This module allows you to build a container from image layers hosted on Docker Hub or another Docker registry.
Docker images are comprised of layers that are assembled at runtime to create an image. You can use Docker layers to create a base image, and then add your own custom software. For example, you might use Docker’s Ubuntu image layers to create an Ubuntu Singularity container. You could do the same with CentOS, Debian, Arch, Suse, Alpine, BusyBox, etc.
Or maybe you want a container that already has software installed. For instance, maybe you want to build a container that uses CUDA and cuDNN to leverage the GPU, but you don’t want to install from scratch. You can start with one of the
nvidia/cuda containers and install your software on top of that.
Or perhaps you have already invested in Docker and created your own Docker containers. If so, you can seamlessly convert them to Singularity with the
docker bootstrap module.
The Bootstrap keyword is always mandatory. It describes the bootstrap module to use.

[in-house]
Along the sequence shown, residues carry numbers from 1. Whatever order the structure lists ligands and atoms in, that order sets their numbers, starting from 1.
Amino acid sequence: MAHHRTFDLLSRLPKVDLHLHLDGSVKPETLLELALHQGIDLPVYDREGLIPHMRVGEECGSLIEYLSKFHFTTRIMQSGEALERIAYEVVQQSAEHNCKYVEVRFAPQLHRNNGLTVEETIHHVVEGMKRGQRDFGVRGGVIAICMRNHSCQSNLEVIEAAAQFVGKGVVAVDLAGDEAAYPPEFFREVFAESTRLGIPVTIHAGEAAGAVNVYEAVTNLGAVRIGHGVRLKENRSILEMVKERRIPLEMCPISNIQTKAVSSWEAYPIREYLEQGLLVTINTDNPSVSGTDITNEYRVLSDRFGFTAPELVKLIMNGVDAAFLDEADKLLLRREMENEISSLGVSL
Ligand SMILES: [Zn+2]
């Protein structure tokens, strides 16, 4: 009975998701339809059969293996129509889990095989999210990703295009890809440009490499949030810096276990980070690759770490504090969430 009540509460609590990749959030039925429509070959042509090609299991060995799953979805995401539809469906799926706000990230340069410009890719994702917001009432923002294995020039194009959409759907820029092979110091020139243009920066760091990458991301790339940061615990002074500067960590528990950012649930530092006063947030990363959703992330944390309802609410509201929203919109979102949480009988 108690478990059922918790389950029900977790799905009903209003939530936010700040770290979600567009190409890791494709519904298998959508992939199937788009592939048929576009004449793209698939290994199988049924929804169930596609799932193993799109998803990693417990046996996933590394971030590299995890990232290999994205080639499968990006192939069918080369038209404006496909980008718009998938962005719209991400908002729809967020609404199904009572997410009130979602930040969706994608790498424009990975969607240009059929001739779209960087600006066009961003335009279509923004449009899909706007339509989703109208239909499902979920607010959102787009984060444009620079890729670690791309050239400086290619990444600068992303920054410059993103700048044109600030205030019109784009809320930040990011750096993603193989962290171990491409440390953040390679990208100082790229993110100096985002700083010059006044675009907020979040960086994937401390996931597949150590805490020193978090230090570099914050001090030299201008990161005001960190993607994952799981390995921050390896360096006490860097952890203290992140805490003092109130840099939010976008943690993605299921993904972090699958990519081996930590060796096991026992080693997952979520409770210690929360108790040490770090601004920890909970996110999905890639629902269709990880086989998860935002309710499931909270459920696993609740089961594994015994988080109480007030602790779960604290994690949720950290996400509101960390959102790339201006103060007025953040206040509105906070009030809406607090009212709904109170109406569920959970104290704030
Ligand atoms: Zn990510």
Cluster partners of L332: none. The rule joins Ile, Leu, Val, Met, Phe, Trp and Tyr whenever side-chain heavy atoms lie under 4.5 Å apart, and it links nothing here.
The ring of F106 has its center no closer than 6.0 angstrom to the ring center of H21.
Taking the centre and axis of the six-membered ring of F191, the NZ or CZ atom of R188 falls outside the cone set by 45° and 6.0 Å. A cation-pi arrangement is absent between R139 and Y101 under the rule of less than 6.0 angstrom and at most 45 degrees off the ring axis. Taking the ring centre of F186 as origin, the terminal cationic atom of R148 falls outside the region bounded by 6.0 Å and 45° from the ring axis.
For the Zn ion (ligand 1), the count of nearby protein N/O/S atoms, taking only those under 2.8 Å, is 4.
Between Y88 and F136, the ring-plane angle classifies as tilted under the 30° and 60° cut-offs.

The From keyword is mandatory. It specifies the container to use as a base.
registry is optional and defaults to
namespace is optional and defaults to
library. This is the correct namespace to use for some official containers (ubuntu for example).
tag is also optional and will default to
See Singularity and Docker for more detailed info on using Docker registries.
The Registry keyword is optional. It will default to
The Namespace keyword is optional. It will default to
The IncludeCmd keyword is optional. If included, and if a
%runscript is not specified, a Docker
CMD will take precedence over
ENTRYPOINT and will be used as a runscript. Note that the
IncludeCmd keyword is considered valid if it is not empty! This means that
IncludeCmd: yes and
IncludeCmd: no are identical. In both cases the
IncludeCmd keyword is not empty, so the Docker
CMD will take precedence over an
See Singularity and Docker for more info on order of operations for determining a runscript.
Docker containers are stored as a collection of tarballs called layers. When building from a Docker container the layers must be downloaded and then assembled in the proper order to produce a viable file system. Then the file system must be converted to squashfs or ext3 format.
Building from Docker Hub is not considered reproducible because if any of the layers of the image are changed, the container will change. If reproducibility is important to you, consider hosting a base container on Singularity Hub and building from it instead.
For detailed information about setting your build environment see Build Customization.